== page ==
Once that's done, divide your spare funds so some goes to building a bigger emergency fund and the rest is invested. If you have $100 in spare cash, put $50 of it into building your full emergency fund and $50 into your investment account. That way, you can both invest for the future and build your cushion for short-term emergencies.
There's a lot of bad investment advice out there -- and following it could lead to disaster. Before you start investing, you need to know there's no easy solution to double or triple your money. If you try to chase get-rich-quick schemes or have unreasonable expectations, losing your money is the most likely outcome.
Instead, you need to commit to making responsible choices aimed at earning reasonable returns. If you can do that -- and are confident you can say no to investment schemes that sound too good to be true -- you're ready to begin looking for assets that will grow your wealth.
Once you’ve chosen one of our top-rated brokers, you need to make sure you’re buying the right stocks. We think there’s no better place to start than with Stock Advisor, the flagship stock-picking service of our company, The Motley Fool. You’ll get two new stock picks every month, plus 10 starter stocks and best buys now. Over the past 17 years, Stock Advisor’s average stock pick has seen a 632% return — more than 4x that of the S&P 500! (as of 1/05/2022). Learn more and get started today with a special new member discount.
Investing can be complicated. You don't need to know everything about investing before starting to buy assets aimed at producing returns -- but you need to know enough to understand where to put your money.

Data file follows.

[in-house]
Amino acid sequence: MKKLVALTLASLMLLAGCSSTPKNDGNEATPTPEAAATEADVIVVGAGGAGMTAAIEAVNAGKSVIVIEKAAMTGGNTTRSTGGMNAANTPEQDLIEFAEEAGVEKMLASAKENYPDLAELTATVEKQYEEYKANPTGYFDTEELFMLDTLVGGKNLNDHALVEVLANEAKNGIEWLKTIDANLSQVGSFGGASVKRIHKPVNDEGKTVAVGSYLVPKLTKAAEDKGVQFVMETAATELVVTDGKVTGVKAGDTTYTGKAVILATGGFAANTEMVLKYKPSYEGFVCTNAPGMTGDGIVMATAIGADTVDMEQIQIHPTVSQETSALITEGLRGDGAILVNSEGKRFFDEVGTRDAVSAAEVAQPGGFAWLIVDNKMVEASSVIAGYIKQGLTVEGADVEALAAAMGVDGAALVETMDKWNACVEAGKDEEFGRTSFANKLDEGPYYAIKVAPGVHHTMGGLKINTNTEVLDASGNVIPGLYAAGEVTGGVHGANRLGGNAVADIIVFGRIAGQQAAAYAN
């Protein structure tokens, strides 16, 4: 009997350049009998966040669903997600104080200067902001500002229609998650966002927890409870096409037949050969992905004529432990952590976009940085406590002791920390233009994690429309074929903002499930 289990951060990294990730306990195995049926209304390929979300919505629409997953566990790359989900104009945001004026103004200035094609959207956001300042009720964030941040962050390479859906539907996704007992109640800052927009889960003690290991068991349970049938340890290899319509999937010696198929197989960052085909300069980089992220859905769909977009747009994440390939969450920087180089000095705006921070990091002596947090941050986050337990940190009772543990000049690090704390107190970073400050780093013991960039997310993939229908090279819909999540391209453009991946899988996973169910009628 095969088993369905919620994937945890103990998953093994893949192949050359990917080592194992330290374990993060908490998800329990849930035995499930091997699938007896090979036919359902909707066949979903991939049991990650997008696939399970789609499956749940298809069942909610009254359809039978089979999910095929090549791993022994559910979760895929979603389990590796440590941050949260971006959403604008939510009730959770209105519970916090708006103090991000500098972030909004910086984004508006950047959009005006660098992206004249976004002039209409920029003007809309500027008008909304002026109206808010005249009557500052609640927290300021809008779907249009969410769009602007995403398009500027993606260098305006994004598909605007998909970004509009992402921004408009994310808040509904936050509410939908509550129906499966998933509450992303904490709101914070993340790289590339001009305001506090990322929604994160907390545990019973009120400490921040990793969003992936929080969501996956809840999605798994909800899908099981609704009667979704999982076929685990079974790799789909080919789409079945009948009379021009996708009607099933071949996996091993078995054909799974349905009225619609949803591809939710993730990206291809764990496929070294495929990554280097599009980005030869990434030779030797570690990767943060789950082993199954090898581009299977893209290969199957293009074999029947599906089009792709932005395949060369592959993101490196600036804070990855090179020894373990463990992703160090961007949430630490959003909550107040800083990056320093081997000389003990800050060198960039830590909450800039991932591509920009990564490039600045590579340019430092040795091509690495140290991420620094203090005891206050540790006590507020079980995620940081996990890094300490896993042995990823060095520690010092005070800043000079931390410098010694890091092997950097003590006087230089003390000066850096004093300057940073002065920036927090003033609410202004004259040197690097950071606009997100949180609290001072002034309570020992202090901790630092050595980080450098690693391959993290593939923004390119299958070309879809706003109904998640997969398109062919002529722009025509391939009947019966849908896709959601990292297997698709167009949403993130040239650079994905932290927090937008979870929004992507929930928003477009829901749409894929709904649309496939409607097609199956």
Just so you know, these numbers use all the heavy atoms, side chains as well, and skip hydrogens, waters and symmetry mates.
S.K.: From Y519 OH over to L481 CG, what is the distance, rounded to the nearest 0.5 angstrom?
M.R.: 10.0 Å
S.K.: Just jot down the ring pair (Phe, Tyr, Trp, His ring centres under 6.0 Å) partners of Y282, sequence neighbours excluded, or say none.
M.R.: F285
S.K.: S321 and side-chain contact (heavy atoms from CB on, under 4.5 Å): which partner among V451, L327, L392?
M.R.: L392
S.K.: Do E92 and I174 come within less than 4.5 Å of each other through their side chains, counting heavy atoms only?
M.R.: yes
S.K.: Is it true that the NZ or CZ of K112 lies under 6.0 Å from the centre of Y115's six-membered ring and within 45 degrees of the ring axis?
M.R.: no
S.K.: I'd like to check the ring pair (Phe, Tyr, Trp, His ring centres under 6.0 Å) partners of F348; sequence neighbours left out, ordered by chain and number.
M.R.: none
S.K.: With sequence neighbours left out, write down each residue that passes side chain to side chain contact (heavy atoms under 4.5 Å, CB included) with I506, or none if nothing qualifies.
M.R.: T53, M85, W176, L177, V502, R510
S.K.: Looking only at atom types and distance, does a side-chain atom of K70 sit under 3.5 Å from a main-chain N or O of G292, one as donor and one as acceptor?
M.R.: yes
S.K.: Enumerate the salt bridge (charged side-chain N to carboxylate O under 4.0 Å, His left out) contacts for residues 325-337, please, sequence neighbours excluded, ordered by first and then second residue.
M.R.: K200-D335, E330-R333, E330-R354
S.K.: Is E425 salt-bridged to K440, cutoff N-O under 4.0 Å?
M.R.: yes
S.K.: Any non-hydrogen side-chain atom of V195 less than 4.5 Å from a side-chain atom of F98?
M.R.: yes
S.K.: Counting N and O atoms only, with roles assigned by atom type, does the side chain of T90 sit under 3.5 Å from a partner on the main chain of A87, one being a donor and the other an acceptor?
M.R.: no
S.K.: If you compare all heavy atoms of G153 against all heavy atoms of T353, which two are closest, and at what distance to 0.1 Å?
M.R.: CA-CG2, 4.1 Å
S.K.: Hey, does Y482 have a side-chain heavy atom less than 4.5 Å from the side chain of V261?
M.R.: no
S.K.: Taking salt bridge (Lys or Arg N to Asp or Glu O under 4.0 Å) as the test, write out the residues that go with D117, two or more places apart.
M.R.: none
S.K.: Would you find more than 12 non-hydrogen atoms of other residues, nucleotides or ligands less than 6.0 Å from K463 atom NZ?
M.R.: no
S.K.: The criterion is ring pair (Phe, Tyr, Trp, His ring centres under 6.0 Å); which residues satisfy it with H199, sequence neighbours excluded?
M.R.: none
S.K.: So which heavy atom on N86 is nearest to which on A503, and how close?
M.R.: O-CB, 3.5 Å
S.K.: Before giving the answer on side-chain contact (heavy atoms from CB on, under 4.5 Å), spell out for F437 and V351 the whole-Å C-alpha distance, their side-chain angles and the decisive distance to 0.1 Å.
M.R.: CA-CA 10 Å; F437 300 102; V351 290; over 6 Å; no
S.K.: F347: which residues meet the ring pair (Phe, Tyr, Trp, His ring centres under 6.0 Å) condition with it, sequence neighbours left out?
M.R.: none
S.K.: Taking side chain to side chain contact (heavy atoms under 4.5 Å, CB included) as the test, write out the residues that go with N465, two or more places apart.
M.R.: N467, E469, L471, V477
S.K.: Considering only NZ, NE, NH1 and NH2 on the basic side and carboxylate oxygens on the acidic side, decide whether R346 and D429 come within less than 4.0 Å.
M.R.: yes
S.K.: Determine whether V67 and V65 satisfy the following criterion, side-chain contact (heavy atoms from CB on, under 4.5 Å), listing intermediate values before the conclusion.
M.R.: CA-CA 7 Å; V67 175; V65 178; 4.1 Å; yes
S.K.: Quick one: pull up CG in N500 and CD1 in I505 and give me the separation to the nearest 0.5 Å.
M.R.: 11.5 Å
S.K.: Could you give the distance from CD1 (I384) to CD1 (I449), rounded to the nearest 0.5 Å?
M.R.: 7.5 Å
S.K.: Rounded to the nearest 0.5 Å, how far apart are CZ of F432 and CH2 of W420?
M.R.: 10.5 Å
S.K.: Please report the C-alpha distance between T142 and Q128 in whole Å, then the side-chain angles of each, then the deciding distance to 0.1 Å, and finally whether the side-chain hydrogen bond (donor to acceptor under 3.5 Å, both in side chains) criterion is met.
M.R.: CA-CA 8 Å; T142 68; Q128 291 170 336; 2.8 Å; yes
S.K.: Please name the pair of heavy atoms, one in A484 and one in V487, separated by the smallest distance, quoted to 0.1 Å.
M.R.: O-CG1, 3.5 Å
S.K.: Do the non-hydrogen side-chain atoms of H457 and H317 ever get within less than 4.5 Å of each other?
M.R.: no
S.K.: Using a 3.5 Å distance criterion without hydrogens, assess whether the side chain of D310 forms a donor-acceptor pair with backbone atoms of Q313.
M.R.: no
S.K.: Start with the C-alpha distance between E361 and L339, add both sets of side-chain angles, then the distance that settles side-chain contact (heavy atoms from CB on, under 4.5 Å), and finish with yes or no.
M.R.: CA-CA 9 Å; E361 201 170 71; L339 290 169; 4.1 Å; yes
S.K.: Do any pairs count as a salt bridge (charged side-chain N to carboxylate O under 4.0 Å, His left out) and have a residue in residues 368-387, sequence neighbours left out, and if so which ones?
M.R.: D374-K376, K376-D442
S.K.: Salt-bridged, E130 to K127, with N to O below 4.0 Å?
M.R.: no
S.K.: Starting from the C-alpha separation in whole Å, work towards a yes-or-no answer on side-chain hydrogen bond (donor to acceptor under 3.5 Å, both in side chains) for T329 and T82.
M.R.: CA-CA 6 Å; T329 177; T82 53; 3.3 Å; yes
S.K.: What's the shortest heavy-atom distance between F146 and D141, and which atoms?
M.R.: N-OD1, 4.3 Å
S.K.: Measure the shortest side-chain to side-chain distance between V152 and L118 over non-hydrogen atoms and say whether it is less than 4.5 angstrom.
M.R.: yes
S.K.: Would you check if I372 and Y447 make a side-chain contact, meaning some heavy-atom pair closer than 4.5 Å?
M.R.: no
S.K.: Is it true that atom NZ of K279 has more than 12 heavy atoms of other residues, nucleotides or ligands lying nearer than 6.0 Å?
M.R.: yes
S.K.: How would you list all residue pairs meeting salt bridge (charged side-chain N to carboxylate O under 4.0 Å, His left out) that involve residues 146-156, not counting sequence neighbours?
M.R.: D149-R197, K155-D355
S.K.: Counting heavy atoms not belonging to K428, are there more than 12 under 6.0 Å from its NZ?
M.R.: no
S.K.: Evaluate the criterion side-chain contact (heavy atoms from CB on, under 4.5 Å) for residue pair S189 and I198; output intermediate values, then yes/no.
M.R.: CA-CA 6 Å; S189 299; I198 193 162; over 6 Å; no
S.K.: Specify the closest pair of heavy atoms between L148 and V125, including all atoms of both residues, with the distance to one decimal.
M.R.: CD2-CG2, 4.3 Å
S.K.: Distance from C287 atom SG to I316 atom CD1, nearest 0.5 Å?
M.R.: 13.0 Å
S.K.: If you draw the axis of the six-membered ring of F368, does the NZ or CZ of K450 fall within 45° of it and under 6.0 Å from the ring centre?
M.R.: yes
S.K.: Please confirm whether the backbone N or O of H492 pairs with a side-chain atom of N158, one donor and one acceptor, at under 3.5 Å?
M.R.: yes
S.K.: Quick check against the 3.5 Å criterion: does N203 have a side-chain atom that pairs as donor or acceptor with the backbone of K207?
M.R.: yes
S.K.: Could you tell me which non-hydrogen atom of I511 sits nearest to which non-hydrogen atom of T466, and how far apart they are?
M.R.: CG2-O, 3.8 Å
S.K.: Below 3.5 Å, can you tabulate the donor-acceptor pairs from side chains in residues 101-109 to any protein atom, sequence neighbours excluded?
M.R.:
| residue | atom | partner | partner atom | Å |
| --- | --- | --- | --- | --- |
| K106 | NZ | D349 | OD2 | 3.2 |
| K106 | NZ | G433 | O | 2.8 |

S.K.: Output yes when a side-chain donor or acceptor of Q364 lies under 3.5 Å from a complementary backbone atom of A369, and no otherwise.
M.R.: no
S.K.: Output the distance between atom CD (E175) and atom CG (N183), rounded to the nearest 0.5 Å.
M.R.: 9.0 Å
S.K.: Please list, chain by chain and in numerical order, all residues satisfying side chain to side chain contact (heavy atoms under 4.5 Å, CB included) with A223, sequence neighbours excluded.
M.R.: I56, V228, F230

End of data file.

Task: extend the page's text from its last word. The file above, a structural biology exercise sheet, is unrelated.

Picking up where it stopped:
You should understand how stocks work, how to buy them, and why you need to diversify your investments so if one investment performs poorly, another will likely do better. You should also understand the costs you'll pay for different assets so you can compare fees and expenses when you make your investments.
The good news is, there's lots of advice out there for beginning investors so you can learn some of the fundamentals before you get started.
If you're not ready to start investing yet, don't lose heart. You can take steps to pay off your debt, start living on a budget, and learn about investing responsibly. If you get started today, you should be ready to invest in no time.
Over the long term, there's been no better way to grow your wealth than investing in the stock market. But using the wrong broker could make a big dent in your investing returns. Our experts have ranked and reviewed the top online stock brokers - simply click here to see the results and learn how to take advantage of the free trades and cash bonuses that our top-rated brokers are offering.
We're firm believers in the Golden Rule, which is why editorial opinions are ours alone and have not been previously reviewed, approved, or endorsed by included advertisers. The Ascent does not cover all offers on the market. Editorial content from The Ascent is separate from The Motley Fool editorial content and is created by a different analyst team.
The Ascent is a Motley Fool service that rates and reviews essential products for your everyday money matters.
Copyright © 2018 - 2022 The Ascent. All rights reserved.